HTTP 500 Internal Server Error: It’s a nightmare, and it’s not exclusive to WordPress users. Also, it’s not the end of the world, so relax and we will give you solutions to fix your issues?
I have fixed my fair share of 500 internal server errors on various WordPress installs. Somehow, despite the fact that it’s an extremely common and easy fix, people still get worked up about it.
Well, I’ve had enough of that. In this post, I’ll explain, to non-coding, everyday WordPress users what exactly you’re up against while faced with this error, how it’s caused, and how to resolve it.
It looks something like the following message set against a background of nothing at all. As you visit your website URL, you see a giant message slapping you in the face with the following message (or something similar):
Internal Server Error
The server encountered an internal error or misconfiguration and was unable to complete your request…
As I mentioned before, 500 Internal Server Error is not limited to WordPress. But since we’re covering WordPress solutions here, there are a handful of reasons, any one of which could have caused the error:
In the following bit, I’ll explain how to identify the cause and resolve the error:
Since this is by far the most common cause of internal server error (on WordPress or any other website), it makes sense to begin your investigation/repair job with this one.
To do that, simply login to your FTP client and find the .htaccess file in the same path that contains other key WordPress installation folders (wp-content, wp-includes, etc.).
Rename the .htaccess to something (anything else).
Now revisit your website URL. If the problem is fixed, your (former) .htaccess file was corrupted. You can generate another with easily by going to admin dashboard, Settings >> Permalinks. Change the custom URL settings, click save, and then revert back to your previous settings. Click save and exit. Doing this generates a new .htaccess file for your website.
You are receiving the internal server error message while trying to access your admin login page or uploading an image in wp-admin. This could mean you are overstepping the PHP memory limit.
Typically, a WordPress website runs on 32 MB of allocated PHP memory, which can be exhausted in a jiffy if you have a lot of scripts running and receive medium to high traffic. First check with your web host to ensure you are permitted to increase the allocated memory size.
Next, create a .txt file and name it php.ini. Paste the following code in it:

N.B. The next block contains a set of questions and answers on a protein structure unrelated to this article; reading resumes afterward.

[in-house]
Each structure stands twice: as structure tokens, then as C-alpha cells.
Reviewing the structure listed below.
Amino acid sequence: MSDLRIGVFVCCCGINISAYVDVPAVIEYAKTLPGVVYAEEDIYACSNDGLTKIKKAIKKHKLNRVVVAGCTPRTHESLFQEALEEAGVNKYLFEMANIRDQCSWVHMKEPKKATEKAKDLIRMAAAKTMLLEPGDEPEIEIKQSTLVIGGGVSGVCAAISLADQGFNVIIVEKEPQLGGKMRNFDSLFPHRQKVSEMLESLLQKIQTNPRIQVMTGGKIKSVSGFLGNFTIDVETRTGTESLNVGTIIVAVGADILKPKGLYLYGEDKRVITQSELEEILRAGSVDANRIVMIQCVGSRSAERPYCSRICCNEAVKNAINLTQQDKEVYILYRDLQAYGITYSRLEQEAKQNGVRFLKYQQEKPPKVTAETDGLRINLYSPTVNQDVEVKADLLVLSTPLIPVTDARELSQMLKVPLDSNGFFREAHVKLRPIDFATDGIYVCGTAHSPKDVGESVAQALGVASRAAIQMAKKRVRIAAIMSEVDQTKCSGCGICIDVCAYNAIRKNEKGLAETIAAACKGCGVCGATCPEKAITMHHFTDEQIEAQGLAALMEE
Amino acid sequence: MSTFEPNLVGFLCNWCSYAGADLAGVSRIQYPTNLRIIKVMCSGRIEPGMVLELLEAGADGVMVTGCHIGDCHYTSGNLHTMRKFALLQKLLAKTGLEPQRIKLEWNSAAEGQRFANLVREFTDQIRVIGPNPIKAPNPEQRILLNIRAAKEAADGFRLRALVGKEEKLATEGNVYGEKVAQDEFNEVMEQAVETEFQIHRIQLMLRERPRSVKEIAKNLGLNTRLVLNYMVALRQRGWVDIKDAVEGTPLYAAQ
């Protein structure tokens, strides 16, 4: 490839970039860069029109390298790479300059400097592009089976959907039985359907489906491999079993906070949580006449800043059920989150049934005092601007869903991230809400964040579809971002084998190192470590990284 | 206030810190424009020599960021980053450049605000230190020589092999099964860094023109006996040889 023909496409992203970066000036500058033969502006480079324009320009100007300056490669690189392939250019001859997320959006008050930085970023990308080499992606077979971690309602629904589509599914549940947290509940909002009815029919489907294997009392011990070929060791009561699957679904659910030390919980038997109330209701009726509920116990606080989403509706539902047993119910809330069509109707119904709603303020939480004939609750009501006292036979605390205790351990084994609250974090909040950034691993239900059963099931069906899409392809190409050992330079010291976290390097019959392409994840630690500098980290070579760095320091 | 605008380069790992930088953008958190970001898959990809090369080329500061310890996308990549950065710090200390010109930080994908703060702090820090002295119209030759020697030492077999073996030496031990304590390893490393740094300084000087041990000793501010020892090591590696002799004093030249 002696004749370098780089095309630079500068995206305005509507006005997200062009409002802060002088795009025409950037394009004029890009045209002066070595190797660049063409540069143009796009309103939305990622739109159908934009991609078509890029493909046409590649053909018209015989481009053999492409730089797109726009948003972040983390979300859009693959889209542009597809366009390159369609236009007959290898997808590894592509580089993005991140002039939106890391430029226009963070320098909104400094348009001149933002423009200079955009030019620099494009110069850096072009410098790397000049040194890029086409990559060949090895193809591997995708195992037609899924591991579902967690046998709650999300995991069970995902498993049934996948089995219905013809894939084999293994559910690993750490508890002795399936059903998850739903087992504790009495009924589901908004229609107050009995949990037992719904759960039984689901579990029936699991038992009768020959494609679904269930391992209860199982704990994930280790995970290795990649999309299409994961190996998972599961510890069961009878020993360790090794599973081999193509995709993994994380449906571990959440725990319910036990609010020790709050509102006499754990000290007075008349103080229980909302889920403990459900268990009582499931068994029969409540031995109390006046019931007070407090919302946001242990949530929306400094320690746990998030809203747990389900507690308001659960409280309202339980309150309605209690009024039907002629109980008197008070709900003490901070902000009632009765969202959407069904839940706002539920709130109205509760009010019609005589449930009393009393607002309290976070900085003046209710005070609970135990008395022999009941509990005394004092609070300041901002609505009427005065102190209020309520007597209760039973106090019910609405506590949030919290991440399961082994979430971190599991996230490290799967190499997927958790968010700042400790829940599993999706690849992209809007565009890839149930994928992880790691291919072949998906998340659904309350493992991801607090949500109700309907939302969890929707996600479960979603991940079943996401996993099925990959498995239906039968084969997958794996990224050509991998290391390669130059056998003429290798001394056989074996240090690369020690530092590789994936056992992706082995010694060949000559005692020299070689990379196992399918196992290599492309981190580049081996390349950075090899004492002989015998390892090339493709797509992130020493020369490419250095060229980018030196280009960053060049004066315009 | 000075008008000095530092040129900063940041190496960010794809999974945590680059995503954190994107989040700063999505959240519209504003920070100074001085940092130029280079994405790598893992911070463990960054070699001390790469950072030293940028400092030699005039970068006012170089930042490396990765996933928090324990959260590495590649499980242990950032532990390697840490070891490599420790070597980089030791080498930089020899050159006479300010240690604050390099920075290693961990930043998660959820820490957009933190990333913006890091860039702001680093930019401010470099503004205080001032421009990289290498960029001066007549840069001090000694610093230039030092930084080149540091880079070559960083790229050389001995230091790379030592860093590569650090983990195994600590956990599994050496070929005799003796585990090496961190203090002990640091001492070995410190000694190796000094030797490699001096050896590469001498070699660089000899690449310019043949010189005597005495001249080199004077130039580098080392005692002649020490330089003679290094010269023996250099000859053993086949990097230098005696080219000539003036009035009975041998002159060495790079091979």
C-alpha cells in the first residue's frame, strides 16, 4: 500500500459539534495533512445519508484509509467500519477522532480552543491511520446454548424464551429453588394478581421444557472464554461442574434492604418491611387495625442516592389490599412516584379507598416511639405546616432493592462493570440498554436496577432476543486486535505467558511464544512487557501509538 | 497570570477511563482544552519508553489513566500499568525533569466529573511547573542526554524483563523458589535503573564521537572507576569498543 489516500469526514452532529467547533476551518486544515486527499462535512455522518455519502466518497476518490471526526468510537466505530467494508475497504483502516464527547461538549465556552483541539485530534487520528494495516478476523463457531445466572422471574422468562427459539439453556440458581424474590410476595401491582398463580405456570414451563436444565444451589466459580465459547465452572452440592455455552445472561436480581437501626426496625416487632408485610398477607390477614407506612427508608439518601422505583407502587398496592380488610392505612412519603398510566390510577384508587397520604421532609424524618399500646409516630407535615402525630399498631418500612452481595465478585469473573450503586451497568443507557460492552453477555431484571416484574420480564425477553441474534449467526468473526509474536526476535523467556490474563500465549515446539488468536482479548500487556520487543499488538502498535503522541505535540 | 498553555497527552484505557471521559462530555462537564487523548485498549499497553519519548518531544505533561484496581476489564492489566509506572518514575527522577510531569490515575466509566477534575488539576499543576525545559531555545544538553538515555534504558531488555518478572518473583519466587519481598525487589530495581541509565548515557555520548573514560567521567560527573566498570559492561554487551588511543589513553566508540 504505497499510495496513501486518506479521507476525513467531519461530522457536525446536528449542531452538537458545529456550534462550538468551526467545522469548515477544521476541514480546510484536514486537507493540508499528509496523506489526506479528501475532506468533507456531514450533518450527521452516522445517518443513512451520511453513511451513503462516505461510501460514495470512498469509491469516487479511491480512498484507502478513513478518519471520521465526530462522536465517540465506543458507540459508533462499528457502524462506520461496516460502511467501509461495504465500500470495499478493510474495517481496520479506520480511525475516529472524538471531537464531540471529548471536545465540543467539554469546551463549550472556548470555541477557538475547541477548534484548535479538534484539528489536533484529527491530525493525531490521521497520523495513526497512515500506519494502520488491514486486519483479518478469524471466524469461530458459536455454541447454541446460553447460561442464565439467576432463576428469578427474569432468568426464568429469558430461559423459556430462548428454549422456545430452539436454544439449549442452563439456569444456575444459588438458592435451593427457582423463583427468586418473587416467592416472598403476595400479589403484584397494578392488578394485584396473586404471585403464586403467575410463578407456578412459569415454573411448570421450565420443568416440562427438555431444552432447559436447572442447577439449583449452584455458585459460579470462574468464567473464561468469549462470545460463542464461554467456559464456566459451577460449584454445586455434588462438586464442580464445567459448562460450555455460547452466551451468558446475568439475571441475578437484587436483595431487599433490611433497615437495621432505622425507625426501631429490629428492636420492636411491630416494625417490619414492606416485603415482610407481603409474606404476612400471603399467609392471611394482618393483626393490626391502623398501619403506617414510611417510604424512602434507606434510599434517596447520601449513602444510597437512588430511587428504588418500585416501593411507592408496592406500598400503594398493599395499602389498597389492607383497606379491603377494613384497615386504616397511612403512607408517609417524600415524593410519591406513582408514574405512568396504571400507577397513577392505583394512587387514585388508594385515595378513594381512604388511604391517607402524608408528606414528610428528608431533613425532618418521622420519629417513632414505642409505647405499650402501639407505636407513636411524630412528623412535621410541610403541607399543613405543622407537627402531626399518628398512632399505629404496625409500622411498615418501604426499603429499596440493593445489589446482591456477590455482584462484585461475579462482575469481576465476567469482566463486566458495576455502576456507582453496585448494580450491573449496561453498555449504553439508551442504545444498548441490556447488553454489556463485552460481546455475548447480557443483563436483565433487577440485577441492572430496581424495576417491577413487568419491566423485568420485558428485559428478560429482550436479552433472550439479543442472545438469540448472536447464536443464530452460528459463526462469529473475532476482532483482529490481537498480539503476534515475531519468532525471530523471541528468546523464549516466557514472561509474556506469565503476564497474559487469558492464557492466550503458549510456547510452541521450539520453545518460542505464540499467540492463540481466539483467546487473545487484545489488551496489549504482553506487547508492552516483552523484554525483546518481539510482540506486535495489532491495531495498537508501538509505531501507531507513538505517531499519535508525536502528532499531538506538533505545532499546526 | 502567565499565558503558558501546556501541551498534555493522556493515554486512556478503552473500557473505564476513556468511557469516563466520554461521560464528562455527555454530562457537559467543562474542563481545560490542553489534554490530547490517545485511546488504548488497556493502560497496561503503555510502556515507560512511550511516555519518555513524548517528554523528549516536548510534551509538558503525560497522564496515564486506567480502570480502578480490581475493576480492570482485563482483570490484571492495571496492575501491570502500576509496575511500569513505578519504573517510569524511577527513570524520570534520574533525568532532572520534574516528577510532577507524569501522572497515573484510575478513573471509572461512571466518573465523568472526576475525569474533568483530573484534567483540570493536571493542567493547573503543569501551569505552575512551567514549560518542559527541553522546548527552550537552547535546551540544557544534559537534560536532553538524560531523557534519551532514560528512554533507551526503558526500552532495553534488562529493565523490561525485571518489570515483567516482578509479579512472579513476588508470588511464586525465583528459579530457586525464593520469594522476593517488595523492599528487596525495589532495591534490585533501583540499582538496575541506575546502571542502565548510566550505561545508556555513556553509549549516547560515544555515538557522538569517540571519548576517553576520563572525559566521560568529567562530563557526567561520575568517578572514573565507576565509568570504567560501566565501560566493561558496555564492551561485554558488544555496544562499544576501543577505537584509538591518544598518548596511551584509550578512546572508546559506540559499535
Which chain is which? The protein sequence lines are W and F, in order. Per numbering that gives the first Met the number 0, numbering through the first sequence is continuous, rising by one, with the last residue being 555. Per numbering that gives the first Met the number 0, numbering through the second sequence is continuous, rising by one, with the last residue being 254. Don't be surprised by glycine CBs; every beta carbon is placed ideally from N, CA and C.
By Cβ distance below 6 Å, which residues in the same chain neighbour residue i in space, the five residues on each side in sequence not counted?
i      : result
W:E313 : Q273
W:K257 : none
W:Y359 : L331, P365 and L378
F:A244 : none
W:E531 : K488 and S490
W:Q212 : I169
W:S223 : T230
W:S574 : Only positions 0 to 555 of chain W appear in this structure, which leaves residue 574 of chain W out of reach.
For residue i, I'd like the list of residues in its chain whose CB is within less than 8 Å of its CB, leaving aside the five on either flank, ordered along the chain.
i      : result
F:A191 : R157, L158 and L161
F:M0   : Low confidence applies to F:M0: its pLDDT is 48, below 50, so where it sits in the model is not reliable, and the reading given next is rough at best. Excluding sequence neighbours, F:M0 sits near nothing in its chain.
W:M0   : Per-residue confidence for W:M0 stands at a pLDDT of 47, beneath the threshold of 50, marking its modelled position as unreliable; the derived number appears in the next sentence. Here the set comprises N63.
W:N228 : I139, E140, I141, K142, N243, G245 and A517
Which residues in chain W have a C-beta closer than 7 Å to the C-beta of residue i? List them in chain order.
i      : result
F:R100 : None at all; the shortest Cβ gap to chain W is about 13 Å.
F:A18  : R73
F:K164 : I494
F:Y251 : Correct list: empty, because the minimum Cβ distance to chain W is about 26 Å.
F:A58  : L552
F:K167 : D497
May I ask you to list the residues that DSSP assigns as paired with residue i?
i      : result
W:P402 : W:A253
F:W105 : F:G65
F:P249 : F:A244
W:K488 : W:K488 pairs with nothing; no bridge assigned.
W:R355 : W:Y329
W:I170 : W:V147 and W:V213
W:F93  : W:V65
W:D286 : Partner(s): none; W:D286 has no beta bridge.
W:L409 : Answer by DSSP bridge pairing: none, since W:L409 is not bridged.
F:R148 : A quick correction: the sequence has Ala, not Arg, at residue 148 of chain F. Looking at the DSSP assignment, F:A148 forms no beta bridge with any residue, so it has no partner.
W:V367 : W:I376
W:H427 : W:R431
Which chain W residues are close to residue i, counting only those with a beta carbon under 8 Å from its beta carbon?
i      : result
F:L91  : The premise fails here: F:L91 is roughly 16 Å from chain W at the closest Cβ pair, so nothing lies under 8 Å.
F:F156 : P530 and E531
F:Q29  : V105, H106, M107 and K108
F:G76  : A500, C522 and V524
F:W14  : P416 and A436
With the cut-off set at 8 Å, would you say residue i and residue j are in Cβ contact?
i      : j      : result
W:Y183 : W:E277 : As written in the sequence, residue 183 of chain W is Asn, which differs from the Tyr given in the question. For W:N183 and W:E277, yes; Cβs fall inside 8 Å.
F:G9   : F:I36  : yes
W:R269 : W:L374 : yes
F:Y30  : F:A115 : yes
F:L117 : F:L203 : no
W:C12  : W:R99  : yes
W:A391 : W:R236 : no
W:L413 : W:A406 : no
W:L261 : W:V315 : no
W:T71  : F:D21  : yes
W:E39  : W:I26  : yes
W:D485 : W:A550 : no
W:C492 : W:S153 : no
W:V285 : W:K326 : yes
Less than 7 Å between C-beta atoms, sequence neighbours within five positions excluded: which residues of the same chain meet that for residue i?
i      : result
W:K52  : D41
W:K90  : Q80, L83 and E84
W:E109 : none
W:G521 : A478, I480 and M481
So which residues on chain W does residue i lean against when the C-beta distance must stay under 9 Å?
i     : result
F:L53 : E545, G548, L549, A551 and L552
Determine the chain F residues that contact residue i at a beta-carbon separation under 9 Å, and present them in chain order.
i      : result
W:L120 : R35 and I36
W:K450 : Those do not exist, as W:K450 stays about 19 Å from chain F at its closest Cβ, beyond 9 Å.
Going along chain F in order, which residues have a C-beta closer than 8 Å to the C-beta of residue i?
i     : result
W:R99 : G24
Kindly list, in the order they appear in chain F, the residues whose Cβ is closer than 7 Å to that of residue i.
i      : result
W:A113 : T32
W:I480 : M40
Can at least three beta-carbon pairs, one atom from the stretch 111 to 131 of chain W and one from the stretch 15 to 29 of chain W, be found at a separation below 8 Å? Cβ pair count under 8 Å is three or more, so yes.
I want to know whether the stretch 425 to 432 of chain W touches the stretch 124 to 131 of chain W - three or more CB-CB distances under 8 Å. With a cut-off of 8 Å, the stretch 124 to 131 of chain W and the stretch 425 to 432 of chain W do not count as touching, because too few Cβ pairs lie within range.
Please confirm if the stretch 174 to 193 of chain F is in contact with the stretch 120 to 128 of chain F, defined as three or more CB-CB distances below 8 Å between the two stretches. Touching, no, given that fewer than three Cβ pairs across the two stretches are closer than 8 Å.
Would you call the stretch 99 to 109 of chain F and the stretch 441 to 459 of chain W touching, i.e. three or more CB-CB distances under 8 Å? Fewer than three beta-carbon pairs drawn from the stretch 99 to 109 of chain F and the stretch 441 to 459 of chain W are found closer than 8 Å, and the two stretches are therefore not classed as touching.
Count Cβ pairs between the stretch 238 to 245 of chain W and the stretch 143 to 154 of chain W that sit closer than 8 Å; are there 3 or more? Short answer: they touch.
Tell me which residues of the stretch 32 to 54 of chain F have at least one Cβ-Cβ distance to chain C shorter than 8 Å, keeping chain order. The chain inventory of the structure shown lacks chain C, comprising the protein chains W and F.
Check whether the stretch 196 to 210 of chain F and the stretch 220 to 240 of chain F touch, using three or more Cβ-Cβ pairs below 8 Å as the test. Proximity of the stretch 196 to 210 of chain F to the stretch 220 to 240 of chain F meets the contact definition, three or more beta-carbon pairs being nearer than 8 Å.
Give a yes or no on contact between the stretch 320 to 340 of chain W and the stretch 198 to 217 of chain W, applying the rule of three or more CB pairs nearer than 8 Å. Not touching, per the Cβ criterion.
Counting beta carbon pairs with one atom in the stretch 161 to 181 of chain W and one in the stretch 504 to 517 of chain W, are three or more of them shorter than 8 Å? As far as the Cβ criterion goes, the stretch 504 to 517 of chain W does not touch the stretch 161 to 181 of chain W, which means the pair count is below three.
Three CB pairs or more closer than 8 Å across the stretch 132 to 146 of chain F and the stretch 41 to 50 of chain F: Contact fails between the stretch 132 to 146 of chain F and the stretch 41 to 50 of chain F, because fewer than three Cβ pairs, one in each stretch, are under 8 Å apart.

Save this file and upload it to your WordPress installation directory (in path /wp-admin/folder) through FTP.
Note that this is a patch job for the duration it takes for you to find out what’s eating up all the memory. It could be a plugin/theme/widget/script. Ask your WordPress development company or web host to go through the server logs and find-destroy/fix the culprit.
If your internal server error message is not limited to wp-admin, you have a run of bad luck. It’s not that the problem can’t be fixed, but it’s likely that the cause is a compatibility issue between plugin(s) and/or theme. Solving this is, quite honestly, bit tedious. So prepare yourself for the grunt work.
If you can access your admin dashboard, go there and deactivate all plugins.
If you can’t access your admin dashboard, go to your FTP client and to path /wp-content/folder. Rename the subfolder named ‘Plugins’ to ‘Stupefied_plugins’ or anything else.
You’ll be able to access your admin login (and dashboard) now if the issue was indeed with plugin compatibility. Once you get to the dashboard, go back to FTP >> /wp-content/folder, and revert your plugin folder’s name to ‘plugins’.
Back in admin dashboard, all your plugins will now appear deactivated. Activate them one-by-one, and keep checking your URL every time. The moment the error reappears, you have found the culprit.
Delete the offending plugin or contact the plugin author to resolve this issue.
If this fails to work then just,
Corrupted core files or entire directories like wp-admin and/or wp-includes could be the cause of trouble. You can simply replace these by downloading-installing WordPress again and uploading the same folders from new install to the old one. No, this will not result in any loss of your theme/plugins/content/other data.
Usually, one out of four fixes work like a charm. But if that doesn’t cut it for you, call your web host to resolve the issue as quickly as possible.
Author Bio: Tracey Jones is a complete professional who has been working as a front-end WordPress developer for a Custom WordPress development company called HireWPGeeks Ltd. She also happens to be an enthusiastic blogger who loves to share her knowledge with readers.